DiBella and Martin faced finalists Kyle Lyons-Burke ’17 and Andrew Marino ’17 (pictured left). The competition began last fall with 68 teams of two students, for a total of 136 participants. Under the leadership of Vanderbilt Moot Court Board Chief Justice Sharmeen Ladhani ’16, Executive Justice Alex Vey ‘16 managed a team of third-year students who organized and ran the competition.
The competition’s final round was argued before a panel of three federal appellate judges, including Judge Julia Smith Gibbons of the U.S. Court of Appeals for the Sixth Circuit, who served as the round’s Chief Justice, Judge D. Brooks Smith of the U.S. Court of Appeals for the Third Circuit, and Judge Robert Bacharach of the U.S. Court of Appeals for the Tenth Circuit. During their visit to Vanderbilt Law School, the three judges also offered advice for students seeking judicial clerkships in a lunch-hour panel moderated by Professor Michael Bressman.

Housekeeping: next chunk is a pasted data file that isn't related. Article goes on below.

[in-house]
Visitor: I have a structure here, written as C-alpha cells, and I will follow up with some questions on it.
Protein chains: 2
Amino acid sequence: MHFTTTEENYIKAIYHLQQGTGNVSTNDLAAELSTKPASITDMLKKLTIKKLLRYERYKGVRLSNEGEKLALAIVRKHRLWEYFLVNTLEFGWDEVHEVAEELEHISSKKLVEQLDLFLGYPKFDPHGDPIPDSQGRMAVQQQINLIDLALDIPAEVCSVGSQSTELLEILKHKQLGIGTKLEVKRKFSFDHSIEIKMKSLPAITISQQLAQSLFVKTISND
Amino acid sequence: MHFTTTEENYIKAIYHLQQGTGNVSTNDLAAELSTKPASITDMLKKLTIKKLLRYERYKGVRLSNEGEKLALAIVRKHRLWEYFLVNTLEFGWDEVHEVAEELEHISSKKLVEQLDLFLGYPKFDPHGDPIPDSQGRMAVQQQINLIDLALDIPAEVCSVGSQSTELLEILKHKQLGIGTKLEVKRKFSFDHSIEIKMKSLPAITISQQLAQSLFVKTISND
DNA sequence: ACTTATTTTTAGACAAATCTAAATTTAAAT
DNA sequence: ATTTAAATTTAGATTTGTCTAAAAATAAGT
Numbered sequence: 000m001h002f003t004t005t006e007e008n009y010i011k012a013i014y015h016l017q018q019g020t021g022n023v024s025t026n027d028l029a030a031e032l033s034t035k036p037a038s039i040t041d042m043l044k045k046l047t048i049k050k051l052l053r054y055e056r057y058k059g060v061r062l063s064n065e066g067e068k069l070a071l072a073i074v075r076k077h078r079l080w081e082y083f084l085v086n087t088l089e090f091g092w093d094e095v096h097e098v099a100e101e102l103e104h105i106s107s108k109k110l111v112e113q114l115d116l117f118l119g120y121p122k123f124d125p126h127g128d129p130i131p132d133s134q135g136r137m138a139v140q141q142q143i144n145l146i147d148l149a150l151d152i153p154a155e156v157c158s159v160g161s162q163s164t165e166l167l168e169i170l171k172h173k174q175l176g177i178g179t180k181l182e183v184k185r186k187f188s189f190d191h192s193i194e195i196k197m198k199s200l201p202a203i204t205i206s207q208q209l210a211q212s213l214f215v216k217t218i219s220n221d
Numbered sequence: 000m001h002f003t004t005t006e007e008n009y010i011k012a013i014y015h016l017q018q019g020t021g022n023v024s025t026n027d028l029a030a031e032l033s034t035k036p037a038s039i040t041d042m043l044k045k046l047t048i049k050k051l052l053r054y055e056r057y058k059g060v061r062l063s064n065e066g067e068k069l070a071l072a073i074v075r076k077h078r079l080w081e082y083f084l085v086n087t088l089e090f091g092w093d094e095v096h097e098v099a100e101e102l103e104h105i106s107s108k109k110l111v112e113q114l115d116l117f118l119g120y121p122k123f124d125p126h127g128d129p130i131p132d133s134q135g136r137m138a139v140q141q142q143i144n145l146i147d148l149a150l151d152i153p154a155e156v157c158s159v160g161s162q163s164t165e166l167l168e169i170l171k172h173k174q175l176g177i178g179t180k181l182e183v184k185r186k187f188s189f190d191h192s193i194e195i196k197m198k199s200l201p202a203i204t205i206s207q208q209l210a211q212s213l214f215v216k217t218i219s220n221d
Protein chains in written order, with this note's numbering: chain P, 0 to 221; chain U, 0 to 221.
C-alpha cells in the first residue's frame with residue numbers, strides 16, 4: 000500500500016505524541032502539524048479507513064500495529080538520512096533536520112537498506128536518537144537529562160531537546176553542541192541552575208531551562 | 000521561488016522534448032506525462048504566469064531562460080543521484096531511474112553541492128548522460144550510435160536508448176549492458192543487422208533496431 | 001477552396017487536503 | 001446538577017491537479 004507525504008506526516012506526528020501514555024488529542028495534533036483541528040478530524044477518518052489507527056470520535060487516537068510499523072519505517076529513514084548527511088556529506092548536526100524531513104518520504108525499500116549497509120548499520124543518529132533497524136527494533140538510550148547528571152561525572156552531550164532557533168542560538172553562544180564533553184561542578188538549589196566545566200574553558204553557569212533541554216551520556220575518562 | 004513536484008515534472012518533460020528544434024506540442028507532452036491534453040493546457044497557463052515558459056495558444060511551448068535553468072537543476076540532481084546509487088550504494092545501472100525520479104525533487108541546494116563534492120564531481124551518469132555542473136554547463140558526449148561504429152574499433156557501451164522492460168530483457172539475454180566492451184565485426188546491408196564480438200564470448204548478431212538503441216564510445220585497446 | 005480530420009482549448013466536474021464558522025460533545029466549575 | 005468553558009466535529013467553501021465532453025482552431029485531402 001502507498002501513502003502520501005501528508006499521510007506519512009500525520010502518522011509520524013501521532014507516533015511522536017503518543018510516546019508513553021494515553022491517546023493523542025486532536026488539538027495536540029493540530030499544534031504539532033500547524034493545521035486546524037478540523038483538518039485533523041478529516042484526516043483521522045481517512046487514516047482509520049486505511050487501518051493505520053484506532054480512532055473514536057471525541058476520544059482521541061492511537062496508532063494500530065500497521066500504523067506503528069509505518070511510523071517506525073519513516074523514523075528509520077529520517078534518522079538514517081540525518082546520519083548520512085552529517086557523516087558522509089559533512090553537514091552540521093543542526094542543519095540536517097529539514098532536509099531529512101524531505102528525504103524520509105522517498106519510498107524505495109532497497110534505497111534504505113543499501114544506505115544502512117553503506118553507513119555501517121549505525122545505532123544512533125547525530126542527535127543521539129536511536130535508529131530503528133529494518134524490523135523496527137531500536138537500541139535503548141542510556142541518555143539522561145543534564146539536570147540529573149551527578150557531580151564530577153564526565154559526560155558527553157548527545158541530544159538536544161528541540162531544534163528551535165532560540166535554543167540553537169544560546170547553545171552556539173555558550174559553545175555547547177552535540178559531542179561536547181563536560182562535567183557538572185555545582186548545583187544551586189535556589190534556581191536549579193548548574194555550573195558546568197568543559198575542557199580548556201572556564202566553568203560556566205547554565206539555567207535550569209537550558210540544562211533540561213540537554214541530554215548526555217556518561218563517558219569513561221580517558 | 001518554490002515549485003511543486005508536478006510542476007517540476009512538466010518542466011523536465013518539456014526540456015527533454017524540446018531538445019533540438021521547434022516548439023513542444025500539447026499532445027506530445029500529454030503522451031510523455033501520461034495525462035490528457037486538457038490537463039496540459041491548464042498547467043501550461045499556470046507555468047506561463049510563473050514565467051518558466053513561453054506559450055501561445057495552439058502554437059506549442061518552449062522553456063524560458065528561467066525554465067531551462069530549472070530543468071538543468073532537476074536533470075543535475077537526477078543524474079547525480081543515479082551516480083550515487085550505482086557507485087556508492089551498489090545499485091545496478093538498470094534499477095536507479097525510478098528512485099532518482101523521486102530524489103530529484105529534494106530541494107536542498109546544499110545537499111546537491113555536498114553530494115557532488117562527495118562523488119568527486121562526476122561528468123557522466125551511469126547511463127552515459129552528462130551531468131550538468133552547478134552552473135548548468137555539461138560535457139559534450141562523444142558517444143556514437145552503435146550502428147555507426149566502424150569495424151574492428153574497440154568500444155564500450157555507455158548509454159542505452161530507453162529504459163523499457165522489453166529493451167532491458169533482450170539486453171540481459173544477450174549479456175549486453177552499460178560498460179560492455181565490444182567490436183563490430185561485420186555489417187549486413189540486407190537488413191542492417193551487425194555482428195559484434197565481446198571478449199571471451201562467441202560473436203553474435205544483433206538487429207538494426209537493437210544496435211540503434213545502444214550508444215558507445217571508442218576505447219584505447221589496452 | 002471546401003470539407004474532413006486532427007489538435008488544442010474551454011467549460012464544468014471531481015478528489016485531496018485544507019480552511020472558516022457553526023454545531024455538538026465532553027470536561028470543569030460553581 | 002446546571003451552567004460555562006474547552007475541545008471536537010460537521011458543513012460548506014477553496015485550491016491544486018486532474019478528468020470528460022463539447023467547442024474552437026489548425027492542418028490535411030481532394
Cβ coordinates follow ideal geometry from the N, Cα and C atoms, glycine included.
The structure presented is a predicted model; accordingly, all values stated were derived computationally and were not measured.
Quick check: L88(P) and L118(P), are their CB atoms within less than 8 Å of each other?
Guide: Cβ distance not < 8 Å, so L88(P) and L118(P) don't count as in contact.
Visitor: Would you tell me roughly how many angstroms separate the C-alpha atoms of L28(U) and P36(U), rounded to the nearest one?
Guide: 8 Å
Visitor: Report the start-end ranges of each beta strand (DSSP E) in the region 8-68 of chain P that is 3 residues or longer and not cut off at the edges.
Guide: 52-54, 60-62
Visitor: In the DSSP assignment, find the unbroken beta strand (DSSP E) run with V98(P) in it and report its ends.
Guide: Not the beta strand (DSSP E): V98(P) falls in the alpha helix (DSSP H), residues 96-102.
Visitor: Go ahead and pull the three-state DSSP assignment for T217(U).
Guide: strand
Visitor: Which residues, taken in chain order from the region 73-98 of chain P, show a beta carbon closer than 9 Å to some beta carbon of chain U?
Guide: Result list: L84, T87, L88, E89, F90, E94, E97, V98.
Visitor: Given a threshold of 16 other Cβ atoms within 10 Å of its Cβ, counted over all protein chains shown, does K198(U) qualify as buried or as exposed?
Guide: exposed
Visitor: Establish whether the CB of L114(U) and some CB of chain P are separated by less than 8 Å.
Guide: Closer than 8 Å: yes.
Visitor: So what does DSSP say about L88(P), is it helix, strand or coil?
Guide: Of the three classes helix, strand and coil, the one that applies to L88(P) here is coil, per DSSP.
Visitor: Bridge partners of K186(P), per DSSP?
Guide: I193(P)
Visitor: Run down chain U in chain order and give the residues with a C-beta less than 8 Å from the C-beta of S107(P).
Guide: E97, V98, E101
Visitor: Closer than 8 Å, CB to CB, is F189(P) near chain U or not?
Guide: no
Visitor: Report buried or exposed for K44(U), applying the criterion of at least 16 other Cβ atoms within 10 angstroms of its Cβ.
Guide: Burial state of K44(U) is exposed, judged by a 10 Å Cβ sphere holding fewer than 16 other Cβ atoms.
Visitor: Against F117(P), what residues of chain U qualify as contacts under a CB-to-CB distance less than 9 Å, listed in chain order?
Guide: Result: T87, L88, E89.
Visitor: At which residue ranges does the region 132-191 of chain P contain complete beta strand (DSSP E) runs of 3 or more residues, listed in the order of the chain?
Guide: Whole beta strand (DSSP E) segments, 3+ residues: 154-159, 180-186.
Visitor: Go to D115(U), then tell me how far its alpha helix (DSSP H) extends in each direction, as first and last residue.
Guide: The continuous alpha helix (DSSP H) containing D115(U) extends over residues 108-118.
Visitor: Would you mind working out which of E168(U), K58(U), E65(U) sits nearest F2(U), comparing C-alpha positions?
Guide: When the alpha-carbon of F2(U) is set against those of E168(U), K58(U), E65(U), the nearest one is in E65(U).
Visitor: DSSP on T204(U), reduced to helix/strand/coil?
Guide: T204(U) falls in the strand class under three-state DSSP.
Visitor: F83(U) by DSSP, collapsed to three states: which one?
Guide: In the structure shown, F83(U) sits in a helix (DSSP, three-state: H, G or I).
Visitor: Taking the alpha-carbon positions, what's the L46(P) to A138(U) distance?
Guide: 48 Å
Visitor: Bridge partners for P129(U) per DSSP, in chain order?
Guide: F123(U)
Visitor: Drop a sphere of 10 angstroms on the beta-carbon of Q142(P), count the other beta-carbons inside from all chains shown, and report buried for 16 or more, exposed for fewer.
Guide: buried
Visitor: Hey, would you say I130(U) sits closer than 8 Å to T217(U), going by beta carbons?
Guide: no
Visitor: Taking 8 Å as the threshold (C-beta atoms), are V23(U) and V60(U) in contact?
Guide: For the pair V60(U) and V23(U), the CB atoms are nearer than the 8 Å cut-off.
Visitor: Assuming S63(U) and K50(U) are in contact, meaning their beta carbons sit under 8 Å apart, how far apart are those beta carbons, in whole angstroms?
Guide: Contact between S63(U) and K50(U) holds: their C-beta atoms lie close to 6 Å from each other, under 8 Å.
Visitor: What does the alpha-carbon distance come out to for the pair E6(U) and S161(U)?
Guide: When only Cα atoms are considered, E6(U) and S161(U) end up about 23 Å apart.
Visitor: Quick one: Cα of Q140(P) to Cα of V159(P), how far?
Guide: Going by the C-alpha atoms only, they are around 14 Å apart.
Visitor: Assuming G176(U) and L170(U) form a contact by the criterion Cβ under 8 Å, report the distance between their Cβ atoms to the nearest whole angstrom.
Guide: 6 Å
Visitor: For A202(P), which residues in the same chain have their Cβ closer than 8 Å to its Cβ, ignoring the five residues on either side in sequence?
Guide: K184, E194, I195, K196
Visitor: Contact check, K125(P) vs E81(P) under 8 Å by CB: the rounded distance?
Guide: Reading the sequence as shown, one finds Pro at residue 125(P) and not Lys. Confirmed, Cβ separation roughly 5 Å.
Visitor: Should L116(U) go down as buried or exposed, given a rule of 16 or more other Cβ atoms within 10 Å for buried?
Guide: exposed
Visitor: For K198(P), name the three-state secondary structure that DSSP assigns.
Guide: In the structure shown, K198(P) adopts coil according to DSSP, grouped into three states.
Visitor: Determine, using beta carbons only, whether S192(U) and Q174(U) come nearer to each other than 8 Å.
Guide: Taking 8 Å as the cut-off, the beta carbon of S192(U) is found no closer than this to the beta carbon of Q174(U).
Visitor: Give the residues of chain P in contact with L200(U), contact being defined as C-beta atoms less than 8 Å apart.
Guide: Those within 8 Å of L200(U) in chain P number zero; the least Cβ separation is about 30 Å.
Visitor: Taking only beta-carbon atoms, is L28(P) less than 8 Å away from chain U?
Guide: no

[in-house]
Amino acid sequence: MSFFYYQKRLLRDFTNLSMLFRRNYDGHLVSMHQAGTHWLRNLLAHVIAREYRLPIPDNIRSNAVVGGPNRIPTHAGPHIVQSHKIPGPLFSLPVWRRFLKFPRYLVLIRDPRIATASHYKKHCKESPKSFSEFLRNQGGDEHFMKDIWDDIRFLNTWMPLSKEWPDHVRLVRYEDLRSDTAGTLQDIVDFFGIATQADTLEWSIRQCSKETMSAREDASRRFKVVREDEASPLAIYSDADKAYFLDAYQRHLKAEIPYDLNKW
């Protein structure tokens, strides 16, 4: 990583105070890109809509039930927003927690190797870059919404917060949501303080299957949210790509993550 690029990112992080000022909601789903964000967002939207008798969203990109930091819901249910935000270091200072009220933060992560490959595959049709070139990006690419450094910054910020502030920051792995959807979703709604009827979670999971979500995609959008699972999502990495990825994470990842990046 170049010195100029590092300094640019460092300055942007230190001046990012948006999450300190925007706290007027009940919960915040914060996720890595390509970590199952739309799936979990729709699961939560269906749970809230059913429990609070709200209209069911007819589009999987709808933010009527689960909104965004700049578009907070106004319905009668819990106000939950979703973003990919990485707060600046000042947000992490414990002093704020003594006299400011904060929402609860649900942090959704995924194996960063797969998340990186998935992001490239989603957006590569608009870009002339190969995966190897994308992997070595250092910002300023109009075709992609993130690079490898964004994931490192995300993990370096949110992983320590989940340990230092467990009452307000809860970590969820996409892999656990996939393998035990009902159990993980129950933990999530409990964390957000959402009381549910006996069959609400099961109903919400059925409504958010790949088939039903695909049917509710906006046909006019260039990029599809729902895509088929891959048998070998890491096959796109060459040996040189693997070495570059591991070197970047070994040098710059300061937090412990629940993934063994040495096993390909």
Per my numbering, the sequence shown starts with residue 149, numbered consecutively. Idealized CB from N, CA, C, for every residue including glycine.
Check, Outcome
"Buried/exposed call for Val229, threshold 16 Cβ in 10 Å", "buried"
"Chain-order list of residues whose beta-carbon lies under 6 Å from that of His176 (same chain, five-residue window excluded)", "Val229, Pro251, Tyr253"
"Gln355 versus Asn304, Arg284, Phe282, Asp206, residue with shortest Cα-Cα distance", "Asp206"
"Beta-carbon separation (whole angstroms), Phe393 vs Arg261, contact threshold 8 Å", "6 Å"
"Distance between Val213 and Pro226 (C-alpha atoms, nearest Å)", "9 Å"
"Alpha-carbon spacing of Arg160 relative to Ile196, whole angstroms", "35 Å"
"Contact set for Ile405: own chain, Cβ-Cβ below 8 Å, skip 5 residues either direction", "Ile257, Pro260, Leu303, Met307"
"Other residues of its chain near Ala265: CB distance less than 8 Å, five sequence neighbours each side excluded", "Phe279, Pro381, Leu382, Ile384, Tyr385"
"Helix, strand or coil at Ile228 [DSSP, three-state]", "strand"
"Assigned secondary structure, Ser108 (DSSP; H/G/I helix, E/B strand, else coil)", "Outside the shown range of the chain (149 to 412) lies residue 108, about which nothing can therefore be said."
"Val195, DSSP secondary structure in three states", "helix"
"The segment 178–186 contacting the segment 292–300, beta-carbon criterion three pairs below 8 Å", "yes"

The 2015-16 Moot Court problem, written by Executive Problem Editor Matt Gornick ’16 and Associate Problem Editors Ryan Kilpatrick ‘16 and Andrew Struckmeyer ‘16, focused on two discrete Fourth Amendment issues within the context of a criminal investigation. Respondent Frank Semyon was charged with possessing 1,100 kilograms of marijuana after the government discovered the plants at his home during a search for which its agents had secured a warrant.
However, in order to secure that warrant, the agents used information gleaned from two warrantless activities: their acquisition of Semyon’s cell phone location information and aerial surveillance of his home by a drone equipped with a “NarcoSniffer,” a mechanical version of a drug-sniffing dog. Semyon claimed that both of these actions violated his Fourth Amendment rights and moved that the evidence derived from these activities be suppressed. DiBella and Martin argued for the respondent, Frank Semyon, and Lyons-Burke and Marino argued for the petitioner, the United States.